In an effort to improve access to education and information, Rwanda is working to connect 3,000 schools to the internet by 2024. The project is being financed by the China Exim Bank and the World Bank. Paula Ingabire, Minister of ICT and Innovation, said that the project will help to improve the quality of education in Rwanda by giving students and teachers access to a wealth of resources that were previously unavailable. Additionally, he said that the project will help to create jobs and spur economic growth.
During a plenary session of the Chamber of Deputies last week, Ingabire made a disclosure regarding the ICT sector. In his disclosure, he addressed various issues affecting the ICT sector, including its potential for growth and development. He also spoke about the need for increased investment in the sector in order to ensure its continued success.
Jean-Bosco Munyembabazi, a Head Teacher of Nemba primary school in Gakenke district, told The New Times that it is one of the schools that do not have access to the internet. He said the internet is needed, expressing that “living without it is a sort of isolation, like living in an area where one has no access to a road.”
Munyembabazi said that the internet can be used to help with the school’s administration, and also to help with the students’ studies. He said that the students need to be able to use the internet to do research, and to access online resources.
There are multiple systems that schools use which require internet access, such as the School Data Management System (SDMS) and the Teacher Management Information System (TMIS). According to one school administrator, these systems are essential for managing school data and teacher information, respectively. Without internet access, schools would struggle to keep track of important information and effectively manage their operations.
“Also, the Rwanda Education Board (REB) puts textbooks online, and it requires that we get them, but we do not have the internet to do that. So, you understand that accessing such teaching aids is another challenge and we are still waiting for it to be addressed,” he pointed out.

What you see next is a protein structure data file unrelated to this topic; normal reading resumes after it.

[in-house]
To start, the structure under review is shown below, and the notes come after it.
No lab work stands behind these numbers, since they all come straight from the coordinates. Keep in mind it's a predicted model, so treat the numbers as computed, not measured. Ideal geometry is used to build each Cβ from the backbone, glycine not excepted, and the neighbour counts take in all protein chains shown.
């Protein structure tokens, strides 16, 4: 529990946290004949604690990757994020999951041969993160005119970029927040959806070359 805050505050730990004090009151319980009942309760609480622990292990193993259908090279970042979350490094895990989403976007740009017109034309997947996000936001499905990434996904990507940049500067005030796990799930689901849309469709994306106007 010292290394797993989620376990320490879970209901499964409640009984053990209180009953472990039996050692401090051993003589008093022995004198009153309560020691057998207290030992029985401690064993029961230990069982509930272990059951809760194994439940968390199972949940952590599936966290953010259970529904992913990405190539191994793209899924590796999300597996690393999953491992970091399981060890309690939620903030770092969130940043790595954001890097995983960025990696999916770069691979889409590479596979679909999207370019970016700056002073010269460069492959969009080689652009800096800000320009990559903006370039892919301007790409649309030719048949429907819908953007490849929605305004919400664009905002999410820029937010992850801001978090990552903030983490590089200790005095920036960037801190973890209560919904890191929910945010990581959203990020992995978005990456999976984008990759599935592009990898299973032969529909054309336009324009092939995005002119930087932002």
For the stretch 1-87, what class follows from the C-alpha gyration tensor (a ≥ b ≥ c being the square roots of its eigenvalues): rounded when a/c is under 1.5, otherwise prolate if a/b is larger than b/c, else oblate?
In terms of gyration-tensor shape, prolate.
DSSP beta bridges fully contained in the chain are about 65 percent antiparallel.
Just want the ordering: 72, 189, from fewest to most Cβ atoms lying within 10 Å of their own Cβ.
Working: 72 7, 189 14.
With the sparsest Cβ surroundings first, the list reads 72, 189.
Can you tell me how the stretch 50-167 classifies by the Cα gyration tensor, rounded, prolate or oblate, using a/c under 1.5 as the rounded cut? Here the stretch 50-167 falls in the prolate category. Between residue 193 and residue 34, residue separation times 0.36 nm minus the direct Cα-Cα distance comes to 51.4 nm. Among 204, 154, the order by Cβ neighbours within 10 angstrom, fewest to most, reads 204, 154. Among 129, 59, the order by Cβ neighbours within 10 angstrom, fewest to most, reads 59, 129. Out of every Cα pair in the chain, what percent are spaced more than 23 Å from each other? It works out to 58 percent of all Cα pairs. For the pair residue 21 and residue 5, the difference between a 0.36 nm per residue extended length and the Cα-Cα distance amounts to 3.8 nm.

Still, he said that the internet can also help pupils to do basic research online, which can help improve their learning.
Going forward, Ingabire said that the Government has a plan to connect all the remaining schools to the internet under the Smart Education Project.
“We have Smart Education Project, through the $30 million financing we got from China Exim Bank, under which we will connect at least 1,500 schools,” she said, indicating that the project has started, such that the 1,500 schools will be connected to the internet from this year (2023) to the next year (2024).
Also, she said that there is a $200 million project– the Rwanda Digital Acceleration Project – funded by the World Bank, which will be implemented within five years, indicating that the large part of that funding was allocated to infrastructure “for the last mile connectivity, including internet access for schools”.
Overall, the objectives of the World Bank financed project are to increase access to broadband, digital public services, and strengthen the digital innovation ecosystem.
Speaking at an event, the Minister said that the government was working on expanding internet access to schools in the country. She said that the funds from the China Exim Bank and the World Bank would be used to provide internet access to 3000 schools by 2024. She also said that the government was working on providing electricity to schools that did not have it, and that solar energy would be used where possible.